* I don't think we'd necessarily want to use a collector tower, as the optical precision fould have to be increased. Nor would we want to have a system that depends on high temperatures (i.e. a steam turbine) because that could melt the balloon.   

       One further application I have thought of could be in the use of solar cells in areas with a low solar energy density. This low cost system could be used to amplify the solar rays to an optimal level for PV generation.   

       This idea needs a croissant: Bravo!
FloridaManatee, Mar 11 2003
  

       I agree. Great idea. Looks like it's been at least half-baked in a patent (see link), but it's an idea I hadn't heard of until now.
Worldgineer, Mar 12 2003
  

       The other day I heard of a semimar talk about membrane lenses from some JPL/NASA guys of the of the Interferometry and Large Optical Systems Section.   

       The "half-silvered side" concept is grand. Another good concept is if both sides were transparent and the device could be used as a lens. The inherent problem with this is that the film of ballon and the filling of it with air does not lend itself to much magnification. Its all about the index or refraction of the material... inflating a ballon with water would make a really neat lens.   

       Im just adding some baking to a good idea. For posterity...
bobbo, Mar 23 2003
  

       This seems a good idea. Actually, the NASA is investigating on inflatable fresnel lenses for spaceship solar concentration.   

       I vote for it.
rpardell, Sep 02 2003
  

       Ground based huge red blood cell looking thing. Make it clear and let it collect heat greenhouse style. Then pump the air out into ducts and into homes. Some sort of heat exchanger. Make the bottom black. Throw a couple of hundred cables over it and winch them down to squeeze the air out. I would expect the temp would get well over a hundred degrees. It would be flat by the end of the night. Then open an end facing into the wind and fill it back up again.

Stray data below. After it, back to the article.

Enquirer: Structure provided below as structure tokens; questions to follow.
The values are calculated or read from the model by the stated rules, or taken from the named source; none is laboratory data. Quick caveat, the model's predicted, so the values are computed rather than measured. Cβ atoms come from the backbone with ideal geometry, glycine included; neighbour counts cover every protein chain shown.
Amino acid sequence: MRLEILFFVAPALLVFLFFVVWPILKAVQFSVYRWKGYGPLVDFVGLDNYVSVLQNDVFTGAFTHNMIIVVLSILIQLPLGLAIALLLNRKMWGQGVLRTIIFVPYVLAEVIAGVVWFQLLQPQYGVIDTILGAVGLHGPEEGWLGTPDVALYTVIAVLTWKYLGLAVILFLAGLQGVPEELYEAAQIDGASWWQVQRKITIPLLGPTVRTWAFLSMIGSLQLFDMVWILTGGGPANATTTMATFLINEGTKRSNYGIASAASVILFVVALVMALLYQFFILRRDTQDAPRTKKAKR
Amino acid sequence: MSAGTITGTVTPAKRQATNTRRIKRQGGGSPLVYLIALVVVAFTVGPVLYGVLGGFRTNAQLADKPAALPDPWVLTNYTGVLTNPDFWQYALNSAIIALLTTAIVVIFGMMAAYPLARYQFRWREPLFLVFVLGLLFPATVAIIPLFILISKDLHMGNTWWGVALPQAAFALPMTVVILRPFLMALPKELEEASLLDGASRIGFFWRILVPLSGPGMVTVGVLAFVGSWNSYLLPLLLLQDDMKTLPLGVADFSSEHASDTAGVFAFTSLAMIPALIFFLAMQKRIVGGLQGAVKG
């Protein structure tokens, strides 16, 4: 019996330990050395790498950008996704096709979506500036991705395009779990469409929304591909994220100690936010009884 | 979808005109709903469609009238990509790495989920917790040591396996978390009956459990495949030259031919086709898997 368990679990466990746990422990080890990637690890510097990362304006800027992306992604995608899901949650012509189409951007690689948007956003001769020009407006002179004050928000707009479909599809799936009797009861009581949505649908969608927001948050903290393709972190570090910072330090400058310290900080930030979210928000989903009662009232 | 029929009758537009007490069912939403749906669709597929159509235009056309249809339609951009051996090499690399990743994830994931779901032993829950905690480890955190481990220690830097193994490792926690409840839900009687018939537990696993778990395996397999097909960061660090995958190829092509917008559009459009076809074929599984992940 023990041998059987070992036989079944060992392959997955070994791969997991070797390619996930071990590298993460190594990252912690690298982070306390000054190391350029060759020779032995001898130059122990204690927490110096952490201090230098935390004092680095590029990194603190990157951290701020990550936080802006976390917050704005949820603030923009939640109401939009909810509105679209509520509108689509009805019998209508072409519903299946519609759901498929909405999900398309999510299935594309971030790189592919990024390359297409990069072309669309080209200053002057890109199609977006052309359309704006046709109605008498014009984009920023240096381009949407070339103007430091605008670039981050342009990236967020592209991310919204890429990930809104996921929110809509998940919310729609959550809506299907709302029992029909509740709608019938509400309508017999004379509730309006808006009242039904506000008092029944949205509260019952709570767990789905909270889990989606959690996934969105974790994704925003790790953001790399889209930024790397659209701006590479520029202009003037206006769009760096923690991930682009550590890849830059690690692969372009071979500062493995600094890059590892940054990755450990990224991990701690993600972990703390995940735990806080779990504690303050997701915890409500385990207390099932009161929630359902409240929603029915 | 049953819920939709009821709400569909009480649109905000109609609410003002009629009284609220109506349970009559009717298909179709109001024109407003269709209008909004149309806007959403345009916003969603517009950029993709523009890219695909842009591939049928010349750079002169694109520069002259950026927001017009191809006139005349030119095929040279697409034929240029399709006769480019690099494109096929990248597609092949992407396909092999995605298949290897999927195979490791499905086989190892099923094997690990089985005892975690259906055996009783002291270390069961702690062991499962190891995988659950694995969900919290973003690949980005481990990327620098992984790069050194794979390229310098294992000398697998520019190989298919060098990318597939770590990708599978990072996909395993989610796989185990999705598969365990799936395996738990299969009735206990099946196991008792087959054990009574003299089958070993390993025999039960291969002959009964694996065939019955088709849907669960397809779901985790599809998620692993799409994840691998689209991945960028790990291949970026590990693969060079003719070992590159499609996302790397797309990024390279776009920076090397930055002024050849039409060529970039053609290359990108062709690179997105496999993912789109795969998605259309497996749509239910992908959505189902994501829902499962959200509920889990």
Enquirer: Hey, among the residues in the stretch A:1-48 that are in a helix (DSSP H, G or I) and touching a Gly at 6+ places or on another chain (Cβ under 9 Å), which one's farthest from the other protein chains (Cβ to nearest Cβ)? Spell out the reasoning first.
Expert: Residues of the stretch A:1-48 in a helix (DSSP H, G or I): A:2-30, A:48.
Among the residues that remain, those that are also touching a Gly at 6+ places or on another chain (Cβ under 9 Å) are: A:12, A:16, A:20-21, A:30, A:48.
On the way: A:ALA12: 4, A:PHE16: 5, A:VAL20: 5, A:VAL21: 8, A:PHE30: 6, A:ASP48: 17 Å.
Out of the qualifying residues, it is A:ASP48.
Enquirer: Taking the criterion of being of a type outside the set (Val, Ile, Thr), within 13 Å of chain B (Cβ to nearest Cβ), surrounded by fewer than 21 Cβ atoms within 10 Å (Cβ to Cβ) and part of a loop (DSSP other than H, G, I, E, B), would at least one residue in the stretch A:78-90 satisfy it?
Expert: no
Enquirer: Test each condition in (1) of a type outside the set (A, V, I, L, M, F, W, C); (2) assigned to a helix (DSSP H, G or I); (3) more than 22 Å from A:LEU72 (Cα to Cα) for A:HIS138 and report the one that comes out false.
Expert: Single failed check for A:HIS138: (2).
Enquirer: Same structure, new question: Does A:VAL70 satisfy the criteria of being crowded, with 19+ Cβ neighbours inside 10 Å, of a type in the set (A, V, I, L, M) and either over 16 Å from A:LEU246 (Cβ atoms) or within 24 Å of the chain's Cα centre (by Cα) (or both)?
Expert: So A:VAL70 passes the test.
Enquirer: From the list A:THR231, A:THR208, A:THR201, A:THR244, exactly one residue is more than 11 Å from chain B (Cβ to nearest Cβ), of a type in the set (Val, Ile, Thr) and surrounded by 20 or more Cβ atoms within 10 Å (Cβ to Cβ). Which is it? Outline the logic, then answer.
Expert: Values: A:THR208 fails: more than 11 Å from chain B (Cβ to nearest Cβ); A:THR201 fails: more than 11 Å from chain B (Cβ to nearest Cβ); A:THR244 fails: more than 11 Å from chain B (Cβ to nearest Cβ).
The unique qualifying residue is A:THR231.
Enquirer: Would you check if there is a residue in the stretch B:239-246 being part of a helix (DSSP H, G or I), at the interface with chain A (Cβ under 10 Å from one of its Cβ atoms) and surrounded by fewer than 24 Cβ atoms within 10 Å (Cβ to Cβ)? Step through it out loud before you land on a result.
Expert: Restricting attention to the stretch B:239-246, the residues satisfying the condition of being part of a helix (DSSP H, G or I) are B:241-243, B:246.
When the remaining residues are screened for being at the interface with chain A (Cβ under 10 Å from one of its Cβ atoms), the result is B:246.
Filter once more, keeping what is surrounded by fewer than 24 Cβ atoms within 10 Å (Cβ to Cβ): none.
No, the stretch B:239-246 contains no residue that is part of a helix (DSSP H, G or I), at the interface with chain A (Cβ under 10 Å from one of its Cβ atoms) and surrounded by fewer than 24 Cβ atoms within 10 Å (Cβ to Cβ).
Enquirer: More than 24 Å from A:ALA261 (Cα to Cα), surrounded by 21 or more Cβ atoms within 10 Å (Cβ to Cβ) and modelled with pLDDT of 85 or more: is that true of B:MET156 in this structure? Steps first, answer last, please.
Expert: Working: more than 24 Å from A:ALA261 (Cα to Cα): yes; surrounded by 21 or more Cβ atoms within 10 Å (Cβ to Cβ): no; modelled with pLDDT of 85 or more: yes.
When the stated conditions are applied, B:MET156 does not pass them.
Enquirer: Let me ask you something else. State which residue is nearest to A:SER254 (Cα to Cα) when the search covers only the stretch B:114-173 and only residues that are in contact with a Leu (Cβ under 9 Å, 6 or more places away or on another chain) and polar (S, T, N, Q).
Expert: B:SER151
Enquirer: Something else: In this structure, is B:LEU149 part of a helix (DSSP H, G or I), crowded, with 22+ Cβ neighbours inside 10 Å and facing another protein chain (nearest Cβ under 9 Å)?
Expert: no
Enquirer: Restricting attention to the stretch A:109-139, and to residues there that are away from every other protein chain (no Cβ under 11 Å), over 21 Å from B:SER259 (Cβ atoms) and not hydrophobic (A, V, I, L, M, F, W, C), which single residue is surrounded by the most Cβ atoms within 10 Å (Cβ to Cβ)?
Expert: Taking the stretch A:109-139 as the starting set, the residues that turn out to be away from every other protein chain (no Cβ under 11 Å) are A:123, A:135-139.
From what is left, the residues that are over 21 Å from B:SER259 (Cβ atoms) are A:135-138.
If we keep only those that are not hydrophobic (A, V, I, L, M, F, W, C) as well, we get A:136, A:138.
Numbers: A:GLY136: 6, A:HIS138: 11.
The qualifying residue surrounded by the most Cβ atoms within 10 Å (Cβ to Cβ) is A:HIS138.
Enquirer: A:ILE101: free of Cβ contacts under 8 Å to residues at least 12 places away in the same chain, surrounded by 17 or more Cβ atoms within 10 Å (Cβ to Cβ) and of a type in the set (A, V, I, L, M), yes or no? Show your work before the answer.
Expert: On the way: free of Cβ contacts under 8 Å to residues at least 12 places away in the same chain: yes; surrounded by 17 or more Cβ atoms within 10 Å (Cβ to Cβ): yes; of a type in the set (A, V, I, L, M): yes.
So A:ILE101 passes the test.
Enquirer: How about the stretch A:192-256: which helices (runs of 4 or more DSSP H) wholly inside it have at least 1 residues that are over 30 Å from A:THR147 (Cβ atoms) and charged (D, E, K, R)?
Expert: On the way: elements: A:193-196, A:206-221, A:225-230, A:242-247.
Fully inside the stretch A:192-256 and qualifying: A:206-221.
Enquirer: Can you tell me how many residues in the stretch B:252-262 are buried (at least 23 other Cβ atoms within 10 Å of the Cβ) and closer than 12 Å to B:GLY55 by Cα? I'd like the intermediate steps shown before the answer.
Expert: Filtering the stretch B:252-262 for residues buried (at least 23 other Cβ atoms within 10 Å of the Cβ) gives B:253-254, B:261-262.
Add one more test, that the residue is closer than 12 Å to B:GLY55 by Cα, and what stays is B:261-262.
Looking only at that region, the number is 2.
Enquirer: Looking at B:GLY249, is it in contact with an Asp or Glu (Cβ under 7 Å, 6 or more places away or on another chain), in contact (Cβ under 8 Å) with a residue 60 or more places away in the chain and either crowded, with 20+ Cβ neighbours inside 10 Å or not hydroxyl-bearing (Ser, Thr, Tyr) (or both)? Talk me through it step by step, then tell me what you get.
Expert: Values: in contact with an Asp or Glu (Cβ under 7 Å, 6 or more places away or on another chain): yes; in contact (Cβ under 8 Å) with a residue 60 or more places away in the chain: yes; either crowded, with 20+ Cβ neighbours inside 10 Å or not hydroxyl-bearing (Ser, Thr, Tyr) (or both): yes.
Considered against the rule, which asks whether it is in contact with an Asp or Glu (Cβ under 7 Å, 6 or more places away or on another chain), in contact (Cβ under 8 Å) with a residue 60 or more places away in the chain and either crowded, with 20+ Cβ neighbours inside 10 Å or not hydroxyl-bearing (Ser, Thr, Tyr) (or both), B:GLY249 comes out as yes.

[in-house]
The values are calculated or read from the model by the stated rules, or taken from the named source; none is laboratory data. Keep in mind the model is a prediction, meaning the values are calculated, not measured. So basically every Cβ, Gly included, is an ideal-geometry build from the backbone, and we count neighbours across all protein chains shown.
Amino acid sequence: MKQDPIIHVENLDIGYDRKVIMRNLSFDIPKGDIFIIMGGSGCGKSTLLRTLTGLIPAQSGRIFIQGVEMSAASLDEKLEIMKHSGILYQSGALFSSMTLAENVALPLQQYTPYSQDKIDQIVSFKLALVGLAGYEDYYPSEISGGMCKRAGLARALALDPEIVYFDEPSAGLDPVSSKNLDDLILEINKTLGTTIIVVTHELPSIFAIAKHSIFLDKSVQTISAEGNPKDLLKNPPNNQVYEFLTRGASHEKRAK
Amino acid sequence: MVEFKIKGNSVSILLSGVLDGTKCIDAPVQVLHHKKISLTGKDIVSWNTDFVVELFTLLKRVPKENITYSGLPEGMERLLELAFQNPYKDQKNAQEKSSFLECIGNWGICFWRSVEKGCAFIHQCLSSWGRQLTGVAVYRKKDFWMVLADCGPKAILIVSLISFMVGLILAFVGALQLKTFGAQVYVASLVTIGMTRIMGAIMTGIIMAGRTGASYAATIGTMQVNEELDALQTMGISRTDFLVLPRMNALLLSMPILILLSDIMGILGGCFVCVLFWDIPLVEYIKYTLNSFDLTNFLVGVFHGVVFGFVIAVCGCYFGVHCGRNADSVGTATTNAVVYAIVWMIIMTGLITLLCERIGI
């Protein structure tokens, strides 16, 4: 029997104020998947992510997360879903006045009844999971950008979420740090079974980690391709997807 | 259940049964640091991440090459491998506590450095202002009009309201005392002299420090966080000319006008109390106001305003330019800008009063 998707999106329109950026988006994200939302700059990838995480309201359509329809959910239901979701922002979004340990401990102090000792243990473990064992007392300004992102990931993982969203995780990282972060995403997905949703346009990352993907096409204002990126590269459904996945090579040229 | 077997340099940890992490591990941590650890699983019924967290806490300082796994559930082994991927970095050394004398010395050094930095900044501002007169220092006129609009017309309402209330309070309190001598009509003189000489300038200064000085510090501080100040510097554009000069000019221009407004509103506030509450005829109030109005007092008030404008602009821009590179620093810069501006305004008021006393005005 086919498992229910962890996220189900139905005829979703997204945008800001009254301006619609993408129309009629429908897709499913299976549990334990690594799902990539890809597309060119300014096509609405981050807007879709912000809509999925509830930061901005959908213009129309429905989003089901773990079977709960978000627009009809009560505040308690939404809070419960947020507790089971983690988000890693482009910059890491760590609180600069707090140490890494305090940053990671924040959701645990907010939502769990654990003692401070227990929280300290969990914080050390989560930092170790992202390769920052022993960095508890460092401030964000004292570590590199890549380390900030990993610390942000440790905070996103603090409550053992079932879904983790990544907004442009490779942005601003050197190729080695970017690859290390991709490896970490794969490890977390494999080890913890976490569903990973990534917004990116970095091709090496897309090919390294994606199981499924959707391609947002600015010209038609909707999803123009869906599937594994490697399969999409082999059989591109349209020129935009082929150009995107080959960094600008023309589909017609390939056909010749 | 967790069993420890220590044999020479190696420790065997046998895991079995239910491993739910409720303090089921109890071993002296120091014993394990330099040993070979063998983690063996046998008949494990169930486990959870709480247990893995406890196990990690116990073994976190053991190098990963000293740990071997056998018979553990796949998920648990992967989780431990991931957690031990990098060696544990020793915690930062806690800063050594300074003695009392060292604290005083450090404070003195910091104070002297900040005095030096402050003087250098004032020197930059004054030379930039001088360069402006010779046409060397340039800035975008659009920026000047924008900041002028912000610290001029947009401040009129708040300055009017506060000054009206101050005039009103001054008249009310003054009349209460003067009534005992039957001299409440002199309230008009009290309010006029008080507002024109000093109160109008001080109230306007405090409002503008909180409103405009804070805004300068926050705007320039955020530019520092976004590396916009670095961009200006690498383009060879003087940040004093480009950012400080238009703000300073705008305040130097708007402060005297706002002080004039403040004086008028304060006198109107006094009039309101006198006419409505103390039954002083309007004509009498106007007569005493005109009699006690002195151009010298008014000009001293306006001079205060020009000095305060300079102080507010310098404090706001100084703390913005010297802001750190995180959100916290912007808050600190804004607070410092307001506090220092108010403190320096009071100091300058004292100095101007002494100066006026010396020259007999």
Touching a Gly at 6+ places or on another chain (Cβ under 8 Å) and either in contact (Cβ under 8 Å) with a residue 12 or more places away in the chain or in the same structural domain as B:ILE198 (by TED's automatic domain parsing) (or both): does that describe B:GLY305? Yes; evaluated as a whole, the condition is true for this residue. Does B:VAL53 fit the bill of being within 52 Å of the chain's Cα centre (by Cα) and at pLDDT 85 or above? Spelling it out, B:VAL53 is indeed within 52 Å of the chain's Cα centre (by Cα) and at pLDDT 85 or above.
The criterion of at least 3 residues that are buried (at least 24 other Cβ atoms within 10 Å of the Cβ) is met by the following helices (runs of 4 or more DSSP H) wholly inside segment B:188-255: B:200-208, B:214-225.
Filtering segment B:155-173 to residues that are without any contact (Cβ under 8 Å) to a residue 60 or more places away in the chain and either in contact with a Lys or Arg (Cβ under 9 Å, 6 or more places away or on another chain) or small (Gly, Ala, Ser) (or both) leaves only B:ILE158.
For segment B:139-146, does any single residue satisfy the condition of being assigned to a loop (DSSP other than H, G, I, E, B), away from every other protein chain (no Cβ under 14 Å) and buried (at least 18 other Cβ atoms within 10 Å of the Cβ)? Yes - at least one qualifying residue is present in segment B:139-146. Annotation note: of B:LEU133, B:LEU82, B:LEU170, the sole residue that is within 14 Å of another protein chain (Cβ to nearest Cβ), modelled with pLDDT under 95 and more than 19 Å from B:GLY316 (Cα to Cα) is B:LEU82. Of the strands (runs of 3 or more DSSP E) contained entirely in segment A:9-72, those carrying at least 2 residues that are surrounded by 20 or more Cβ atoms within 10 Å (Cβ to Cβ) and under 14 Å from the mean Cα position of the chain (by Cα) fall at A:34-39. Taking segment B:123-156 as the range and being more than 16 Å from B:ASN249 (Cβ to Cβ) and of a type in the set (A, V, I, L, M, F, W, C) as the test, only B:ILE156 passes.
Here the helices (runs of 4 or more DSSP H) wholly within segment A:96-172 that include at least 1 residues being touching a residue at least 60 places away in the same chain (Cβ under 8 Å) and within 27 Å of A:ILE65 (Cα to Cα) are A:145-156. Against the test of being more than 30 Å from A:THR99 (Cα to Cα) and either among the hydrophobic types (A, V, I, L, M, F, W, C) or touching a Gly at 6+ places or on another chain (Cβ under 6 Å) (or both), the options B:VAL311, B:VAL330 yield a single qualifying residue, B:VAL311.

On cloudy days it would make one hell of a moon walk party. Still a little hot on the feet though : )
clafever, Jan 21 2004
  

       Worked a little on the inflatable space lense thing a few years ago. Several tubes, fashioned as rings, were placed inside each other, with the larger inflated size as the larges diameter, and the smaller on the inside. When you inflate them all, you can attach a reflective material on one size, and it will form any mirror shape you like. Will try a text diagram, but not sure you get the idea. Imagine a cross section like this:   

       Oo..oO   

       Then imagine them as circles with a reflective layer attached on the top side. The idea is patented, but doesn't mean you couldn't use it as a license.
azmatsci, Jan 21 2004
  

       I recently saw an inflatable solar still for water purification for hikers - it floats on a pond and packs down into your backpack.   

       Good idea - should be simple to implement. I especially like the tubular variant.
BunsenHoneydew, Jan 24 2004